Bitcoin is ‘useless’? Really?

The Economist goes all in on declaring crypto a ‘casino’ but admits there may be some hope for blockchains

“Show me the money” tops the latest screed in The Economist about how bitcoin and other cryptocurrencies are “useless.” Well, thank goodness that’s been clarified! Just one thing, though. When Cuba Gooding Jr.’s Rod Tidwell asks Tom Cruise’s Jerry Maguire to show him the money, it’s pretty early in the movie. Maguire is just setting off his own and Tidwell is still an over-cautious, me-first player who has yet to have his epiphany.

Whether bitcoin winds up with Renee Zellweger in our story, of course, remains to be seen but it might be wise to consider the possibility that crypto really does find true love, financial success, and holds onto its moral compass along the way.

Bitcoin is not the USD, but that doesn’t mean it’s not money

In fairness to The Economist, their polemic against bitcoin is in two parts. First, they trash bitcoin and cryptocurrencies because they’re still not especially good as “money.”

Economists define a currency as something that can be at once a medium of exchange, a store of value, and a unit of account. Lack of adoption and loads of volatility mean that cryptocurrencies satisfy none of those criteria.

Don’t tell this to folks in Venezuela, of course. Indeed, just yesterday AirTM raised $7M to help build its system for converting any type of money into any other. The system doesn’t require crypto, but one of the conversion options is to move into digital tokens like bitcoin. And given the hyperinflation there, it should come as no surprise that Venezuelans are indeed adopting bitcoin in record amounts.

So while the dream of a global medium of exchange remains distant, there are regional exceptions to the rule. But that barely scratches the surface of bitcoin’s progress as currency. The continued interest in creating a bitcoin exchange-traded fund (ETF) isn’t merely some desire to get the government to place a stamp of approval on crypto. The motivation is that institutions and individuals might want to move significant assets into bitcoin but can’t today because of the lack of formal custodial solutions that meet the requirements of pension funds and 401Ks. Given the time horizons of these investments — and the clear interest in investing in crytpo — it’s odd to argue that bitcoin is neither store of value nor unit of account.

Indeed, even as bitcoin sits two thirds below its all-time highs, the total “market cap” of the currency is $118 billion. Perhaps that’s not storing value in a sense that meets the standards of The Economist, but the HODLers would most certainly disagree. And that’s not an academic point either. Some people consider their home a store of value, but in most mid-size American cities home values rarely exceed overall inflation. Others consider fine art to serve that function. And while the value of a Monet tends to trend only upwards, the ability to convert it into something useful remains rather limited. This is no small point in times of political unrest. (See Nazis and art thefts for an example.) Bitcoin isn’t yet in the same class as those assets, but its performance is competitive with the checkered history of a precious metal like silver.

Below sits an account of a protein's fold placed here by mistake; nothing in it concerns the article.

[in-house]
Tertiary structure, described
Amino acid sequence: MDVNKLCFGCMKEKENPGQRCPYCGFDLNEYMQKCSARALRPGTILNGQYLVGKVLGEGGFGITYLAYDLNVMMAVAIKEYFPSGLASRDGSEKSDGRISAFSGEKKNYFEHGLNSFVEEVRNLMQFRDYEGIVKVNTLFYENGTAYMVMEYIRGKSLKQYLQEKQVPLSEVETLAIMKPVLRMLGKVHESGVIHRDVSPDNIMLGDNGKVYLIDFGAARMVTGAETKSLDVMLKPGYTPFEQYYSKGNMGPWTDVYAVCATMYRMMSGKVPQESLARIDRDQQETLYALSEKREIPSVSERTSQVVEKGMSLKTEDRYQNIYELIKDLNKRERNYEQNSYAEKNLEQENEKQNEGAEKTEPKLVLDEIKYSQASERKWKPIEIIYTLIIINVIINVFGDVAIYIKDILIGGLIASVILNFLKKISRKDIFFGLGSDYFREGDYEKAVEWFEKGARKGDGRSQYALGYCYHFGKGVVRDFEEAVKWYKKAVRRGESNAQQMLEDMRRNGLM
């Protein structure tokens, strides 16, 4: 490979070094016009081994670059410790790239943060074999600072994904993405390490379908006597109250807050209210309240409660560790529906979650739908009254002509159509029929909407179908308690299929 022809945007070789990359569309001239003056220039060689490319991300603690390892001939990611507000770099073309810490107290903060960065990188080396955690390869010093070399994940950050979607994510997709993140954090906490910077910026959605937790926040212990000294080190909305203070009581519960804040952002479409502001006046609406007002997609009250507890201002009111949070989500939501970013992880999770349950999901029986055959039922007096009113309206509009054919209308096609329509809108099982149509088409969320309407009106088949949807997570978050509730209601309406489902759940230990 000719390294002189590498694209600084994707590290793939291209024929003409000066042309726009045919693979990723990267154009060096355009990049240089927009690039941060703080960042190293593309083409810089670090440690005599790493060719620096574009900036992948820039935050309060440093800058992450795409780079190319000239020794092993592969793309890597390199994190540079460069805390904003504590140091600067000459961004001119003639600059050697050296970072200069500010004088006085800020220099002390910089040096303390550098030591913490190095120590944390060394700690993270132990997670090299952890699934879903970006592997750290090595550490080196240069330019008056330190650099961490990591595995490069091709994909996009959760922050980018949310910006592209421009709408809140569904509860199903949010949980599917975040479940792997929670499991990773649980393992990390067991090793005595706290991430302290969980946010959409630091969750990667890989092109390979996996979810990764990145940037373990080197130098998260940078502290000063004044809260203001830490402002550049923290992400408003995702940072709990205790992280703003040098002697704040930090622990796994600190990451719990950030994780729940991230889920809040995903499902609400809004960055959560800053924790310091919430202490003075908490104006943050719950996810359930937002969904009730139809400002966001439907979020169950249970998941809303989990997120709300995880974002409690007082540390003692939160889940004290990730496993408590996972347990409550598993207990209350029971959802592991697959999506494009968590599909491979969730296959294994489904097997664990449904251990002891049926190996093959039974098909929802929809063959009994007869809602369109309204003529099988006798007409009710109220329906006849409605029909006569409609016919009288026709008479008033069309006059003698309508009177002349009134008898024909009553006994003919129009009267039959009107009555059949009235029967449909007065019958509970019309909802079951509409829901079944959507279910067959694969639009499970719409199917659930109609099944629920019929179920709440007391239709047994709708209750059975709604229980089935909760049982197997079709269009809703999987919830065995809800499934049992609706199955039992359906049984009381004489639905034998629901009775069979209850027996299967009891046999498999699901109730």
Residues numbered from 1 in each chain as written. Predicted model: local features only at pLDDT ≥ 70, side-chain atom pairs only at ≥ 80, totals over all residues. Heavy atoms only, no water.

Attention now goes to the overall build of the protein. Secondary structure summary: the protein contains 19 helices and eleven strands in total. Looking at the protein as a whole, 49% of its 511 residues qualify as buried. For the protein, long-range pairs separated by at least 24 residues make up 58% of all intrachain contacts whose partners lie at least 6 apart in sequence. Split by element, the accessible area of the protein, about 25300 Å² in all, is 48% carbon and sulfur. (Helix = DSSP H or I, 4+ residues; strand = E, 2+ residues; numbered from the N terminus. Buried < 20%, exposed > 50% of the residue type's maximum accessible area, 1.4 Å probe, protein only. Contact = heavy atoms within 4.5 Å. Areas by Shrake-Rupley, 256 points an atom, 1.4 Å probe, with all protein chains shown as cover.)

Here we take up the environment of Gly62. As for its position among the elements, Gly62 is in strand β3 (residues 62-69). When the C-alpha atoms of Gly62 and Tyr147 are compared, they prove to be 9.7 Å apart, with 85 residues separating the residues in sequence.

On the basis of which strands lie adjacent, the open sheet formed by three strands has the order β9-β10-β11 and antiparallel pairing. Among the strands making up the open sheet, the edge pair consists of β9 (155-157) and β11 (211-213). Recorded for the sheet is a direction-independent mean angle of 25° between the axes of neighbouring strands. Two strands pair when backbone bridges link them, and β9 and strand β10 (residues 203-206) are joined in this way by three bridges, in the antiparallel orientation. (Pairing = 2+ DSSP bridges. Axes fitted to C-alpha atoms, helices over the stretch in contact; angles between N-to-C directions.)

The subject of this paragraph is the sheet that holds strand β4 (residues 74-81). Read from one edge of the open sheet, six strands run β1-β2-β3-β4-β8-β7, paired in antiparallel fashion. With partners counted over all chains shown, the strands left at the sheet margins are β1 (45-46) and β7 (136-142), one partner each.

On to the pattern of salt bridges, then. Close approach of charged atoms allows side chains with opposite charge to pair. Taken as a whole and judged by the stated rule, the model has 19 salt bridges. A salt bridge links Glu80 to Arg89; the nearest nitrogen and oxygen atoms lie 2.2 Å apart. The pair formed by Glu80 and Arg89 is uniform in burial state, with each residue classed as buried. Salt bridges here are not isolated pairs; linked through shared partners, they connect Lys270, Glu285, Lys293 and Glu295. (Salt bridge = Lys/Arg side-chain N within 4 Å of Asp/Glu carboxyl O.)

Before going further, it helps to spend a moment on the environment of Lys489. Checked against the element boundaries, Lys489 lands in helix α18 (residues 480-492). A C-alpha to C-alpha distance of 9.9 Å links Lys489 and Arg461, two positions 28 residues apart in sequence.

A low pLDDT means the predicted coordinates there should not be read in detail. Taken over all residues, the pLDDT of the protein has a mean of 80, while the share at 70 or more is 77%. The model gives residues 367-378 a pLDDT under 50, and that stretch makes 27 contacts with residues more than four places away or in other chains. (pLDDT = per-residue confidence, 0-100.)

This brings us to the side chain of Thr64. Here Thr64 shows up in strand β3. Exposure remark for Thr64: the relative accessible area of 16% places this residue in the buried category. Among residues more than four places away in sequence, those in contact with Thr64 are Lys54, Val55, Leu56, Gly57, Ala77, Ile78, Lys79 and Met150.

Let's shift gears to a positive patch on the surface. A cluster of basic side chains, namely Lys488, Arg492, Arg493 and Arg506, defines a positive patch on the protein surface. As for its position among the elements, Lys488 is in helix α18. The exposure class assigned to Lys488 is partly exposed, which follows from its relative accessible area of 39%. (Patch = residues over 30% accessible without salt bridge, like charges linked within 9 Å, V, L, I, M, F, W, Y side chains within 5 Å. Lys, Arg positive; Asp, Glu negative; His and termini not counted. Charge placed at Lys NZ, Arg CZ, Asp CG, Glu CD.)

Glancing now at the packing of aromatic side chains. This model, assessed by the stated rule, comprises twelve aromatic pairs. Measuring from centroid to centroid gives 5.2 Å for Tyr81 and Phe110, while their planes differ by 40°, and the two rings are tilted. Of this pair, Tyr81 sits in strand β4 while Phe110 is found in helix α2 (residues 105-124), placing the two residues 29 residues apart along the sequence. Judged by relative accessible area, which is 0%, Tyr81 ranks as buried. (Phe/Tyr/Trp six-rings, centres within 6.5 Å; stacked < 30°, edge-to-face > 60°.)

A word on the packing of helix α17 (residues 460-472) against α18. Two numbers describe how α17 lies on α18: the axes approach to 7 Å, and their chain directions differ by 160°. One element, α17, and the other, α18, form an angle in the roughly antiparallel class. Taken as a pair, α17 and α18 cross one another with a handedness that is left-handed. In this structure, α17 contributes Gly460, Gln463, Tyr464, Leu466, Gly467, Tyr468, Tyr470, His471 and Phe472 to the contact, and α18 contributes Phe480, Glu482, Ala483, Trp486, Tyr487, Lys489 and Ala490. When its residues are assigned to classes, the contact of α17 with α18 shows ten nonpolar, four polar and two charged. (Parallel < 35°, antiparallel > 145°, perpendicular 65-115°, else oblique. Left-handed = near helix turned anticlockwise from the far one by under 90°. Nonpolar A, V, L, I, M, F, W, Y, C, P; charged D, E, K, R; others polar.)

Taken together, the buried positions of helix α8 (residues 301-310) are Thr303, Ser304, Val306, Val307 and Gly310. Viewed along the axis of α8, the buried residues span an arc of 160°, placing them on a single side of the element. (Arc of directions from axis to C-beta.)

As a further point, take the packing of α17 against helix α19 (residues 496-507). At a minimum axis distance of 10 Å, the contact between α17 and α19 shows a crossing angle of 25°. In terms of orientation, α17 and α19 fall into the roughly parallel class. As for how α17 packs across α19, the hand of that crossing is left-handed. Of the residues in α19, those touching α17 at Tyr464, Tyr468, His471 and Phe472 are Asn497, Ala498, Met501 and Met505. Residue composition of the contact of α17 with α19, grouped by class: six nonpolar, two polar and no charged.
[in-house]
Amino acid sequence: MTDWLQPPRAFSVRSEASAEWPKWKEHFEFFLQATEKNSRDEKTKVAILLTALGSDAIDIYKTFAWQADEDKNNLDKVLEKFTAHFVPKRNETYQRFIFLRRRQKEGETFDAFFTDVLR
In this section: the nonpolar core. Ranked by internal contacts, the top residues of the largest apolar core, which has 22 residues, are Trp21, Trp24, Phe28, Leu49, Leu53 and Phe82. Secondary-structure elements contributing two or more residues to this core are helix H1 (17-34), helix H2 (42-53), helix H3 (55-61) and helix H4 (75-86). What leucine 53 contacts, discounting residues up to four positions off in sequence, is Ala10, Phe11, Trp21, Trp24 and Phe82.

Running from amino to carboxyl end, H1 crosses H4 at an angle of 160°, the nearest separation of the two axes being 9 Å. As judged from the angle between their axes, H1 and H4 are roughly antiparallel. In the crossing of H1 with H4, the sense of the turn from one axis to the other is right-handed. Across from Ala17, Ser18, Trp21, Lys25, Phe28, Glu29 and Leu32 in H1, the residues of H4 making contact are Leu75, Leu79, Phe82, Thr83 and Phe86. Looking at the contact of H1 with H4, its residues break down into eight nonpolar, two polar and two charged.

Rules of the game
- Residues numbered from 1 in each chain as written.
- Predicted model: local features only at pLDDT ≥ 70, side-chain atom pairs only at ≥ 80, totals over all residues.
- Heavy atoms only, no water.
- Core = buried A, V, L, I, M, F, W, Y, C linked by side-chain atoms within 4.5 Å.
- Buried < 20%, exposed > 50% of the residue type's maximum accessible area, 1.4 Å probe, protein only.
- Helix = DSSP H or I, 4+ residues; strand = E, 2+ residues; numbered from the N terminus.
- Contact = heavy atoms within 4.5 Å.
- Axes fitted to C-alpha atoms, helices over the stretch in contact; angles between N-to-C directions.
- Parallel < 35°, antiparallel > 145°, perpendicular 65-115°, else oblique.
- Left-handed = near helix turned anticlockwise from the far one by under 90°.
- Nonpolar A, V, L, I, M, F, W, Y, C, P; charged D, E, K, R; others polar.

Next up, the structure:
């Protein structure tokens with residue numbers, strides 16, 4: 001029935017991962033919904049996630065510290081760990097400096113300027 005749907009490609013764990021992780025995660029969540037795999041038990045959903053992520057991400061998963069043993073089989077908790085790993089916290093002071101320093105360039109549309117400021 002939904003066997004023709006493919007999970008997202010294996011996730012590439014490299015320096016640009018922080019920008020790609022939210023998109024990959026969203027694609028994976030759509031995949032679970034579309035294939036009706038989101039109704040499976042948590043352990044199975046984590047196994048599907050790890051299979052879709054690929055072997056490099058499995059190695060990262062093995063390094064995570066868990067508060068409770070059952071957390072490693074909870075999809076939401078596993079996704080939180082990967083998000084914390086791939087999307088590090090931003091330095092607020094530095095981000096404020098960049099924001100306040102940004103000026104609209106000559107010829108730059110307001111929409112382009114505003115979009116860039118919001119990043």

A day in the life of blockchain

In the meantime, while The Economist trashes bitcoin as a currency, they acknowledge however grudgingly that: “Just because blockchains have been overhyped does not mean they are useless.”

And if we just look over today’s news, we can see that one person’s “not useless” is another’s “incredibly useful.” The news that the world’s second most populous nation is considering a digital rupee contains enough intrigue for a much longer post. But consider that driving the move is (1) India’s general desire to crackdown on cash to combat the underground economy (2) the notion embedded in the news items that a digital currency could empower a new era of smart contracts, perhaps with less corruption in business dealings (3) the mere fact that printing and maintaining currency is expensive, and this might be cheaper.

What all this adds up to is a fairly strong acknowledgment that blockchain is, indeed, useful. But India is not alone. Consider more news, just from the last day or so:

  • California is working to both update laws to reflect the realities of blockchain while also considering how it could benefit the way the state itself does business. California itself is the world’s 5th largest economy.
  • The OECD is meeting next week to explore the value and challenges of “distributed ledgers,” aka blockchains. Among the topics? Promoting inclusiveness; sustainability and “green growth”; strengthening governance; privacy and cybersecurity; and potential global economic impact. If those topics don’t point out the implications and import of blockchain, well, you may be The Economist.
  • Cloud-computing giant VMWare announced that they’ve created a new way to solve an old, critical computing problem using blockchain. This might seem arcane, and Nobel winner Paul Krugman once argued that the only thing blockchains and bitcoin were good for is solving this problem. But the need for distributed computing platforms to forge a consensus is not merely some concern of computer scientists; it’s the concern of everyone who relies on accessible, distributed data in an increasingly global economy. In other ones, it affects all of us.

These examples literally come from less than 48 hours worth of headlines. They’re but a small representation of the amount of intellectual energy that’s going into harnessing blockchains and cryptocurrency to make them useful, to channel them as forces of good, to understand the incredible implications they can have for so many parts of the world. But hey, bitcoin still can’t buy lunch in Bangalore. So it’s useless, right?

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